Recruit Ready, a football specific training program, has come a long way since 2013 – both visibly and developmentally.
“We started with Recruit Ready just in [Winnipeg High School] Oak Park’s basement just doing weight lifting with the guys,” said co-founder Blair Atkinson.
“We enjoyed doing that but after spending time with the young guys and having them get bigger and stronger, we noticed that they were bigger and stronger and more athletic, but they weren’t much better football players.”
For Atkinson and fellow co-founder Brad Black – both Manitoba Bison football alumni – the solution was simple: get their athletes on the field, doing football-specific training and skill development, instead of simply getting bigger in the gym.
“If you look around at other sports, you see basketball, hockey, baseball, they’re playing the sport a lot longer than they’re training for the sport and for some reason, football is the exact opposite,” Atkinson said.
“We’re lifting weights eight months out of the year and playing four months out of the year, and so we took a page from the other sports and decided we wanted to get the guys out on the field year round.”
And with that, the basic philosophy for Recruit Ready was born. It did not take long for the program to gain interest from athletes all over the city, due in part to the Recruit Ready-trained Oak Park varsity team ’s upset win over perennial Winnipeg High School Football League powerhouse St. Paul’s in the ANAVETS Bowl in 2013-14.
“That got a lot of attention from guys around the city who wanted to come train with us, but couldn’t, because we were stuck at Oak Park. So at that point, we decided to open it up to everybody and go with the on-field approach,” Atkinson said.
“We went after the city’s top coaches that could commit the time to being at the golf dome first thing in the morning, three to four days a week.”
The effort of Atkinson, Black and their fellow coaches paid off. Over the years, the program has attracted big-name talent, including NFL defensive lineman David Onyemata, as well as current CFL players Landon Rice, Anthony Coombs, Kienan LaFrance, and Nic Demski – all former Bisons.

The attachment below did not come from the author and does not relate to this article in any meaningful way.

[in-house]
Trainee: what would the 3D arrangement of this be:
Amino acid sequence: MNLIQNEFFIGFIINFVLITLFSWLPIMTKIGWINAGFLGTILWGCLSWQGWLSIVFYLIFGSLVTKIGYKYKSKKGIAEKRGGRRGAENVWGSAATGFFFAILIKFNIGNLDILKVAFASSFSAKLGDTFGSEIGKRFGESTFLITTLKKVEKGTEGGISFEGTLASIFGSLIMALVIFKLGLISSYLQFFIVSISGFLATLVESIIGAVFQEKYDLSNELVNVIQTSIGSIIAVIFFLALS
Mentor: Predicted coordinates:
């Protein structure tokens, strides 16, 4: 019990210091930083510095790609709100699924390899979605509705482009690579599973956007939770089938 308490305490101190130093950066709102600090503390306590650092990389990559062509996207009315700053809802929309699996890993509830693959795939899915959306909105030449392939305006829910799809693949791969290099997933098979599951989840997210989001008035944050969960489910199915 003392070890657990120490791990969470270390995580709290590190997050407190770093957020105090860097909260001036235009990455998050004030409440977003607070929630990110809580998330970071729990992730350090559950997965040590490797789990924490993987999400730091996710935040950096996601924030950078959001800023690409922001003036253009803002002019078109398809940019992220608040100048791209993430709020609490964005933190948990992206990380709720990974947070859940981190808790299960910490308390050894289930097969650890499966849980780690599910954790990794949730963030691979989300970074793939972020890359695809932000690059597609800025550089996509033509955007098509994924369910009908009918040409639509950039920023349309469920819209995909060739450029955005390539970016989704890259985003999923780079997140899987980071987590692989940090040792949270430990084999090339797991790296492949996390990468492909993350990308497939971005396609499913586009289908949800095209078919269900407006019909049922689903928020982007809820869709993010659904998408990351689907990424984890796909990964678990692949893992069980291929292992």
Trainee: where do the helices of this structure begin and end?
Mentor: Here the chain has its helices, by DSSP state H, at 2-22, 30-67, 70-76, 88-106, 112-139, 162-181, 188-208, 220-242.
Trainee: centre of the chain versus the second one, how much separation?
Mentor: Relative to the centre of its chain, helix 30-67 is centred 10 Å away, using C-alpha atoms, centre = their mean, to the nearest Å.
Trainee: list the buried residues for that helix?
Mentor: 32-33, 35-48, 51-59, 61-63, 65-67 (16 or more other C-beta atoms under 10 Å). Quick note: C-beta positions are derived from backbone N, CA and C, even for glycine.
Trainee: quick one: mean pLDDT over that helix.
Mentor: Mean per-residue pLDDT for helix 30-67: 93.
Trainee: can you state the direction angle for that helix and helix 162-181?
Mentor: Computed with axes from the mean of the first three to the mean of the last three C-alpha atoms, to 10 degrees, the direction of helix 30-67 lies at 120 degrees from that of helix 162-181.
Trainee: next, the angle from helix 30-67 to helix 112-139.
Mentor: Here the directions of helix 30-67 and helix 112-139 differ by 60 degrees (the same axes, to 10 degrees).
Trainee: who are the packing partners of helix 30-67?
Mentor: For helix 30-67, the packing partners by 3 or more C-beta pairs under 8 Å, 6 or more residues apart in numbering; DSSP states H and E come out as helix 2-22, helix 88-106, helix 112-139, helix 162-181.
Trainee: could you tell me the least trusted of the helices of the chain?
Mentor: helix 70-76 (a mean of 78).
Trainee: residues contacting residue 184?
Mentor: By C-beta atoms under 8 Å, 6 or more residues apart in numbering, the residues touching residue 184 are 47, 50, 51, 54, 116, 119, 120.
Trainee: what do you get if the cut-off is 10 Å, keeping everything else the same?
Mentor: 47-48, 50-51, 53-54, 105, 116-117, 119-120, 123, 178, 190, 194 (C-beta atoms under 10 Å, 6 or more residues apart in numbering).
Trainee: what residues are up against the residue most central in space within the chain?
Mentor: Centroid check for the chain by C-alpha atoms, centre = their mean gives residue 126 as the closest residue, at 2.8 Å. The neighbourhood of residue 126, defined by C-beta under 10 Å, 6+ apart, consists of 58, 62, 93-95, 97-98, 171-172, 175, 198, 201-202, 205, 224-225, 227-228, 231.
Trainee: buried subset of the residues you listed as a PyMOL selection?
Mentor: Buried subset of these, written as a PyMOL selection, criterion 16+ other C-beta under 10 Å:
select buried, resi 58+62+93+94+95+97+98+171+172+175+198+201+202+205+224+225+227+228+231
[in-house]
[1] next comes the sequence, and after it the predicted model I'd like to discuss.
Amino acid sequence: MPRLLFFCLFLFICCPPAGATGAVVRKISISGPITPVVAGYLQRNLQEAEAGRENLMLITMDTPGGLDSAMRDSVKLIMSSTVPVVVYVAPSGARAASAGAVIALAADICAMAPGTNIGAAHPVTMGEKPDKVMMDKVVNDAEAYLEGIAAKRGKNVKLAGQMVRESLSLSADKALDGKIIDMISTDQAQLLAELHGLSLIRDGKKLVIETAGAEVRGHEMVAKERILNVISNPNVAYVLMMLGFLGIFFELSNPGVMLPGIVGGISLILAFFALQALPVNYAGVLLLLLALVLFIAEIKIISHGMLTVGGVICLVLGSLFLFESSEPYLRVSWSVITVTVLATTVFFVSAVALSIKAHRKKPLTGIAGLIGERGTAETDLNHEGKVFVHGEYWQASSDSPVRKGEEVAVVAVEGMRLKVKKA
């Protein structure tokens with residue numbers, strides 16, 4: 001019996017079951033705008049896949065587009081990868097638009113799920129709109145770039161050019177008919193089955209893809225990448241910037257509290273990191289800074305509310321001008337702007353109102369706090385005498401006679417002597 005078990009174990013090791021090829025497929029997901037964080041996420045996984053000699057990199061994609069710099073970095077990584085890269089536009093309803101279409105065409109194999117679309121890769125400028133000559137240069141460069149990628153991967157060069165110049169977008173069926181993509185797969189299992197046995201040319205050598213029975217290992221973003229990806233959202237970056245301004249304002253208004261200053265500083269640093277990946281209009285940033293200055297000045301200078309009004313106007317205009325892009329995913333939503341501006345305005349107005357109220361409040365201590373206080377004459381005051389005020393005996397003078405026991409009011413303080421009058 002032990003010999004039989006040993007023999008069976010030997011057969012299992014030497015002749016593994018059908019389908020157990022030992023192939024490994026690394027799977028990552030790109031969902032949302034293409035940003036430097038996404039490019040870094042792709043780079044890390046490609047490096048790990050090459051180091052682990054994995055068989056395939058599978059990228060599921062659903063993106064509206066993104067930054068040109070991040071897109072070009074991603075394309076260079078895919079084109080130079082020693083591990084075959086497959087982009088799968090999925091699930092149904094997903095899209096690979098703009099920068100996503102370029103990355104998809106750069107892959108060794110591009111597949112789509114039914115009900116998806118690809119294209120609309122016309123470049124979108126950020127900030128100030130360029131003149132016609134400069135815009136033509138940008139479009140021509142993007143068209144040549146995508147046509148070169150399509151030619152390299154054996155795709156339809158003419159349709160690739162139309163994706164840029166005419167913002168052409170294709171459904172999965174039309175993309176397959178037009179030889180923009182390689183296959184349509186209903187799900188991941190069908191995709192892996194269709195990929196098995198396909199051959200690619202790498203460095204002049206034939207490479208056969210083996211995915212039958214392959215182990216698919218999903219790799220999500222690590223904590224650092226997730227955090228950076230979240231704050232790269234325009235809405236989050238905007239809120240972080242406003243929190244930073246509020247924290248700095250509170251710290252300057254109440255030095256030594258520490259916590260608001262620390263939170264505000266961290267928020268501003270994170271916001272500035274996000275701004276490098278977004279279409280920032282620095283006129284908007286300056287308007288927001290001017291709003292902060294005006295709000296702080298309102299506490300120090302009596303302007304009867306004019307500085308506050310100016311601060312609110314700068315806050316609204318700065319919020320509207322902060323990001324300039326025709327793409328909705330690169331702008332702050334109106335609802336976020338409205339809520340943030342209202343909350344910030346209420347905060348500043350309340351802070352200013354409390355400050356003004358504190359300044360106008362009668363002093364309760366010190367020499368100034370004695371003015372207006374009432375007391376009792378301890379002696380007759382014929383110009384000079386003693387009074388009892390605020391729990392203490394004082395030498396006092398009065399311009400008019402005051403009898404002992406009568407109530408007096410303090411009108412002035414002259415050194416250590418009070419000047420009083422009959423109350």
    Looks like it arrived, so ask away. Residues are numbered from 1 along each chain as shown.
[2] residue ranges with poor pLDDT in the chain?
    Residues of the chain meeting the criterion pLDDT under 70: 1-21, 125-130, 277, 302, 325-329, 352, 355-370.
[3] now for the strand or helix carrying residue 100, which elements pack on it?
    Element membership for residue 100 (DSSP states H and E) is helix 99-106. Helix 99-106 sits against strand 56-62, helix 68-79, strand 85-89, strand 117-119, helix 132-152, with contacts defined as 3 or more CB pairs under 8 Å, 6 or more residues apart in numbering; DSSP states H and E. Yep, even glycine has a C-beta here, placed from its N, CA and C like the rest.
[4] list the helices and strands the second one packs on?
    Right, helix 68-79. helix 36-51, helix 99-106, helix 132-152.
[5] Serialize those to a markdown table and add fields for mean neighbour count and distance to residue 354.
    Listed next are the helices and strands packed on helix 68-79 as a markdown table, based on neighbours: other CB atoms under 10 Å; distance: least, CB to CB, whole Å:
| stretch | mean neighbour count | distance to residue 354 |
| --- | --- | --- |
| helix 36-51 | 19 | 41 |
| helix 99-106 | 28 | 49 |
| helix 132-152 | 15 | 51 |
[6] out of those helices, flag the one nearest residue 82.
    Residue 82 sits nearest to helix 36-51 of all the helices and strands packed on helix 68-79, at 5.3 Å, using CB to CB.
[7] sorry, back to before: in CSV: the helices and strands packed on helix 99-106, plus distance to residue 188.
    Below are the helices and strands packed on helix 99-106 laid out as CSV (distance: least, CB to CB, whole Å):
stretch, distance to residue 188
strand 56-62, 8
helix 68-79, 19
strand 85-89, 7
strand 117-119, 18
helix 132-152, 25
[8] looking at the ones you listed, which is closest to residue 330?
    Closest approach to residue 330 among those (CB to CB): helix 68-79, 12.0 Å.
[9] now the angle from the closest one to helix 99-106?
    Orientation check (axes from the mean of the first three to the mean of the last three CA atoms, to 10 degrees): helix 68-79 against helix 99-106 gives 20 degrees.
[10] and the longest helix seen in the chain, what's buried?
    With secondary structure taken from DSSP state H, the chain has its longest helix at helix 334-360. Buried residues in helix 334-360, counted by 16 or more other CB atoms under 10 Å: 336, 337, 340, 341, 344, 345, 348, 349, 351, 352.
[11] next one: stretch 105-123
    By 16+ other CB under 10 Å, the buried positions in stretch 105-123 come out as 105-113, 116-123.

The Recruit Ready program begins each January, with the high school players putting in three days a week of on-field work at the golf dome. The CFL players take to the indoor turf four times weekly. Everything is run in the morning before school, which Black said “weans out the kids that don’t want to be there.”
At the end of April, the pros head back to their respective teams, while the amateur players transition to seven-on-seven tournaments both in Canada and the United States.
“When you play on our seven-on-seven team, you get the chance to play against the best high school players in the United States, and when you go against that level of talent, it just elevates your game,” Black said.
Once the U18 Football Canada Cup ends in July, Recruit Ready starts back up again on a five-day-a-week schedule, which gets the U SPORTS and high school players ready for the regular season in August.
Despite only operating for a handful of seasons, Recruit Ready has already seen a number of players offered the opportunity to play NCAA Division 1 football. Almost every U SPORTS school also features at least one of their athletes as well.
While the program has had a profound effect on a number of individuals, players such as the Bisons’ Shai Ross stand out.
A receiver, Ross did not start playing football until his senior year of high school at Dakota. He then played a few seasons with the St. Vital Mustangs major team – for 18-22-year-old players – but wasn’t planning on continuing with the sport. Then, in 2014, he started training with Recruit Ready, which helped him realize his full potential.
“Recruit Ready was everything for me,” Ross said. “Once I started training specifically for the sport, that’s when my game I’d say stepped up.”
His dedication to the program helped him earn a spot with the Okanagan Sun of the British Columbia Football Conference, and last season he was named a conference all-star as a kick returner in his rookie campaign with the Bison football team.
“We’re just proud of them all, really,” Atkinson said. “Whether they’re starting as a backup or they’re starting as a star player and we just help them put the icing on the cake. Whatever it is, we just take enjoyment in helping them improve.”